Although Sunday night is the deadline for the Pete Muller’s year-end finale meta puzzle, our intrepid Muller Monthly Music Meta blogger, Matt Gaffney, hasn’t had a chance to solve it yet. He’ll solve it Monday night (because he couldn’t bear skipping it) and blog it afterwards. So MMMM fans can stop refreshing crosswordfiend.com obsessively and instead wait for Matt’s Muller Monthly Music Meta musings to manifest Monday night (or thereafter). Cheers!
Zhouqin Burnikel’s New York Times crossword — pannonica’s write-up
Don’t look now, but it’s another ringing-in-the-new-year theme. In this puzzle, each theme entry begins with a stand-alone letter. MERGE (42a) the five together and, as per 67a, the ROMAN [ ___ numerals (what the initial letters to the five starred clues all are] consolidate to read MMXIV. That is, 2014.
- 17a. [*The Sixth Sense" director] M NIGHT SHYAMALAN rama-lama-ding-dong.
- 23a. [*1988 Best Play Tony winner inspired by Puccini] M BUTTERFLY. The inspiration is Madama Butterfly. Incidentally, Tony Randall did not receive a Tony during his tenure in the role of the French diplomat Rene Gallimard.
- 39a. [*Craft knife brand] X-ACTO.
- 47a. [*2007 Stephen Colbert Satirical book] I AM AMERICA. Not feeling this one, as the “I” is a fully fledged word in context.
- 58a. [*22nd in a Sue Grafton series] V IS FOR VENGEANCE. Will she retire after Z? Or perhaps move on to a different alphabet?
A very fine theme, understandably a bit of an unusual—but very welcome—respite from typical Monday fare.
The long non-theme fill are the verticals KELLY GREEN, wittily clued as [Good color for St. Patrick's Day], and KIRK GIBSON, the [Dodgers slugger who was the 1988 N.L. M.V.P], whom I would not know from a hole in the wall nor a knot in the tree. Also, YOGA MATS [They may be unrolled before meditation] and THE ALAMO [Something to remember in San Antonio?].
- 38a [TV hookups] VCRS. Wow, just wow, as a very recent puzzle offered.
- 36d [Heart chart: Abbr.] ECG, but no var.? Oh! Well, never mind; Google’s Ngram shows me that ECG is far and away the more common version.
- E’ER, ANIM., ELOI, IN A, bleah.
- Cute-ish clue: 66a [Information on a boarding pass or stadium ticket] GATE.
No real knockouts in the rest of the fill, mostly it’s just solid stuff, nothing crazily out of line for a Monday, though I’m looking rather askance at 35a [Girl in Byron's "Don Juan"] LEILA.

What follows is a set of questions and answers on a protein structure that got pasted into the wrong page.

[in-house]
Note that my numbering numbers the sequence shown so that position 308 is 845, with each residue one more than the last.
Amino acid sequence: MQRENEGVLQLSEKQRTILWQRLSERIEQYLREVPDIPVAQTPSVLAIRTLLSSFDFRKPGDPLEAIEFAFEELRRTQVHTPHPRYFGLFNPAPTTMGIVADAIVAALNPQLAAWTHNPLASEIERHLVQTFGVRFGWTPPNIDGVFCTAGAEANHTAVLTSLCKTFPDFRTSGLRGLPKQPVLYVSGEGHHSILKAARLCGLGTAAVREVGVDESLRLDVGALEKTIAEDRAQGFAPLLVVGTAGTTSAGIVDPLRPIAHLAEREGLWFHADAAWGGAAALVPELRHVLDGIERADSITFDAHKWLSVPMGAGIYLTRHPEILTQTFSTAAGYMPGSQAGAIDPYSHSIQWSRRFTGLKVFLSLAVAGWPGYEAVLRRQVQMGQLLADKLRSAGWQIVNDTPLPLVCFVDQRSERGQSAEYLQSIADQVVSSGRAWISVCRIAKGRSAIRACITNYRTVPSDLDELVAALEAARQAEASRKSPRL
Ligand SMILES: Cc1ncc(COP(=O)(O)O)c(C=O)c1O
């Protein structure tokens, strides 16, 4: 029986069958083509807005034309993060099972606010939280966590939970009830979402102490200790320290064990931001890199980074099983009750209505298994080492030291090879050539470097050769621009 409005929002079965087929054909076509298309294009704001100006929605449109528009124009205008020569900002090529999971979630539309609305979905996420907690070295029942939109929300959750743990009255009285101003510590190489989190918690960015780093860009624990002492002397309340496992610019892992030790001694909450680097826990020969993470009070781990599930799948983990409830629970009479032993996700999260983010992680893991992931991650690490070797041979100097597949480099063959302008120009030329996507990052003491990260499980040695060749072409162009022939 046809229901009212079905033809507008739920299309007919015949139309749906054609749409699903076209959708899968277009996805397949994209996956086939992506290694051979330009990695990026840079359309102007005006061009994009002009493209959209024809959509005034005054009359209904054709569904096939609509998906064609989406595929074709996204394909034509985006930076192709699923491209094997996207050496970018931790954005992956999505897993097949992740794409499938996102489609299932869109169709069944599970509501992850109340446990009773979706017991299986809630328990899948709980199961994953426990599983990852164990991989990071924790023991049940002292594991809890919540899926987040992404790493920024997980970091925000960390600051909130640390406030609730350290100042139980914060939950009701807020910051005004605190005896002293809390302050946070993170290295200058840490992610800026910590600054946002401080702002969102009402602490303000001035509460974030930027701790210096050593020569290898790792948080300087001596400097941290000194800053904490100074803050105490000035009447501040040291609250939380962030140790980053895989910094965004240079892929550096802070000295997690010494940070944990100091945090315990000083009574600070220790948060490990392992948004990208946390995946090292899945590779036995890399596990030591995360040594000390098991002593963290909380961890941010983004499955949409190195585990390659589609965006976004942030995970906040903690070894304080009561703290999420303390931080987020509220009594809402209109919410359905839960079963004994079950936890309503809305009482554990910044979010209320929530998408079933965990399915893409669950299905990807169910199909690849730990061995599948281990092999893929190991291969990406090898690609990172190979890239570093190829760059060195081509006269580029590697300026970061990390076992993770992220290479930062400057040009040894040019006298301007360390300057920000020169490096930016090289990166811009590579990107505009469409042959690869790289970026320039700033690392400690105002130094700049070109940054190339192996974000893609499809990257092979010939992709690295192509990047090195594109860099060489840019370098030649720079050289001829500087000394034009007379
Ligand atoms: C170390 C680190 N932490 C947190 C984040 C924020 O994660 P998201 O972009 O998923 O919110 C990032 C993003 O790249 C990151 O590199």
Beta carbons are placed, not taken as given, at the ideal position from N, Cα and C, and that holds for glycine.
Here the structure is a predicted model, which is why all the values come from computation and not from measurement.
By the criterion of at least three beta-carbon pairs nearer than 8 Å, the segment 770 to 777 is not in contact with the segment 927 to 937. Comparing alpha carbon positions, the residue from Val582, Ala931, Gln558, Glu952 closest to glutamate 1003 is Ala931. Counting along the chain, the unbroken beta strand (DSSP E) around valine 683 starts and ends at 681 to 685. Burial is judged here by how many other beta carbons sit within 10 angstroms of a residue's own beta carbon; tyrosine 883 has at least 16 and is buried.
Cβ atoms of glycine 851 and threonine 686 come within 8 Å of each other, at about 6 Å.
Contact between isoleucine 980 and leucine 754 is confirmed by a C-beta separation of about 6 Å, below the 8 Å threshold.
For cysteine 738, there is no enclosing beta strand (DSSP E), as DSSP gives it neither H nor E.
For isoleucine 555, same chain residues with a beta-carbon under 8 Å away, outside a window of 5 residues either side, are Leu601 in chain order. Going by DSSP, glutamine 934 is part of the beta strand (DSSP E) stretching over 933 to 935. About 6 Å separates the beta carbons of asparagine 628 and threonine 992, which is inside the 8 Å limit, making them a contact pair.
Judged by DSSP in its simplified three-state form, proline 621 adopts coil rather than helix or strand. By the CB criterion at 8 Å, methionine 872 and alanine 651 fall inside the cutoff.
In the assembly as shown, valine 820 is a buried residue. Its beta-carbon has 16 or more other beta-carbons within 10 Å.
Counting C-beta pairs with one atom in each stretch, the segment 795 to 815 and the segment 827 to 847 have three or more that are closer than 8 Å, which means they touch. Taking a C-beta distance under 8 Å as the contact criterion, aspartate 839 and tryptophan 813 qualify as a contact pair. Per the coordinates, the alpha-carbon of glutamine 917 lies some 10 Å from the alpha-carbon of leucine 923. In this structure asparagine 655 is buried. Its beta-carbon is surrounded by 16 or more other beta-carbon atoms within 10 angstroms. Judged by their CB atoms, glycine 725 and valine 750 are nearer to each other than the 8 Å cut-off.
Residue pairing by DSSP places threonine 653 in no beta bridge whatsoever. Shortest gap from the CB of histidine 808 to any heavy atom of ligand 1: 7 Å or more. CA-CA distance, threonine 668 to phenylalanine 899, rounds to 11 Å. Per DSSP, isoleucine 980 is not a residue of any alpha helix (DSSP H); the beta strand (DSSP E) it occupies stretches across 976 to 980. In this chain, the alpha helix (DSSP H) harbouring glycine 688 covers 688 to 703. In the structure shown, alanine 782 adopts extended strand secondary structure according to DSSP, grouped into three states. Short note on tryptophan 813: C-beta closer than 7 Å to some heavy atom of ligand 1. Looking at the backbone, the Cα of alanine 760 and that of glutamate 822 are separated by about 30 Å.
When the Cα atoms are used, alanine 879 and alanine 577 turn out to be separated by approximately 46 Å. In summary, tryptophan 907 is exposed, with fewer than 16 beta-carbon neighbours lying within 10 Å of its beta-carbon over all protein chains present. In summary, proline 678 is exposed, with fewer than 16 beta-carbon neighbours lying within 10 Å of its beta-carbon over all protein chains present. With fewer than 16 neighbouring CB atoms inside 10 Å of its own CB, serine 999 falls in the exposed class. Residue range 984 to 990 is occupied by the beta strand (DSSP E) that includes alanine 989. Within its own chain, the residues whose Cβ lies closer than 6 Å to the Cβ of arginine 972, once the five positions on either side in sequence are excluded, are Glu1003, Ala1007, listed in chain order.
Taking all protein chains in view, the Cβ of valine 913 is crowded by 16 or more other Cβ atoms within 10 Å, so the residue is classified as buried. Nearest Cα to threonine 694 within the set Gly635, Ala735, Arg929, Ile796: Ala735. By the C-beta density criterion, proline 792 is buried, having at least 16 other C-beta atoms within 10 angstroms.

Above-average Monday offering.
Amy Johnson’s Los Angeles Times crossword — pannonica’s write-up
59d [With 65-Across, longtime voice of 17-, 26-, 42- and 56-Across] MEL | BLANC.
- 17a. ["I am ze locksmith of love, no?" speaker] PEPÉ LE PEW.
- 26a. ["Ándale! Ándale! Arriba! Arriba!" speaker] SPEEDY GONZALES.
- 42a. ["That's a joke, ah say, that's a joke, son" speaker] FOGHORN LEGHORN.
- 56a ["I'm hunting wabbits" speaker] ELMER FUDD.
Arthur Q Bryan was the longtime voice of Elmer Fudd. That is all.
Donna S. Levin’s CrosSynergy /Washington Post crossword, “Jump to Conclusions” – Dave Sullivan’s review
Four theme phrases which end with a word that can follow JUMP:
- [Beginning auspiciously] clued OFF TO A GOOD START. Exactly my sentiments when I filled in that phrase. A “jumpstart” is what cars around here need when their batteries die.
- [Place to park oneself that's up for grabs] clued UNASSIGNED SEAT. A rather obscure phrase, a “jump seat” is a type of folding seat in cars and airplanes.
- [Jacket, pants, and vest] was THREE-PIECE SUIT. A “jumpsuit” is something you wear when you skydive, I think.
- [What's played in "the Bigs"] clued MAJOR LEAGUE BALL. I had “game” before “ball” here, but there is no such thing as a “jump game.” A “jump ball” is how a basketball game begins.
Nice tie-in to the title with all phrases “concluding” with their jump words. I don’t think I’ve ever encountered [Highest academic degrees offered by Harvard Law Sch.] or SJDS before, and I guess I’m hoping I don’t see it again. In the plus column, I did enjoy SODA JERK, GOOP and [Compromise with the DA, perhaps] for COP A PLEA.
Brendan Quigley’s blog crossword, “Themeless Monday”
The only reason I knew 1-Across was because I had already read the Ben Zimmer article Brendan linked to in his blog post. 1a. [Difficult situation in modern-day slang], STRUGGLE BUS? Never heard of it anywhere else. And if it is supposed to evoke a bus of kids in special ed, then I don’t like the term one bit. Ben also mentioned BINGE-WATCH, which I already knew; in fact, I binge-watched Orange Is the New Black in August, two episodes one day and the other 11 the next day.
Unfamiliar term: 25d. [Classical music structure with three movements], SONATA FORM. Could’ve been SOMATOFORM, but that would have made ATON into OTOE (worse fill) and ENE into EEE (somewhat worse fill).
- 17a. ["Gullible's Travels" writer], RING LARDNER. About a century ago, he lived two blocks north of where I live now. (Howdy, neighbor across time.)
- 19a. ["That was awesome, dude"], ‘YOU ROCK.”
- 20a. [Big name in metas], GAFFNEY. (Howdy, Matt.)
- 27d. [1995 Hugh Grant romcom], NINE MONTHS. Is this Julianne Moore’s only romcom?
- 14d. ["Gotta run"], “SEE YA LATER.”
Don’t love: EOE, OSSA, SANDE (unless you’re going to go modern and clue it as singer Emeli Sandé, the Scottish singer of English/Zambian descent whose real first name is Adele), GST, RAH, ETD, TEM, UVEAS, ARTE… Hard to link four stacks of long answers without some casualties in the short fill.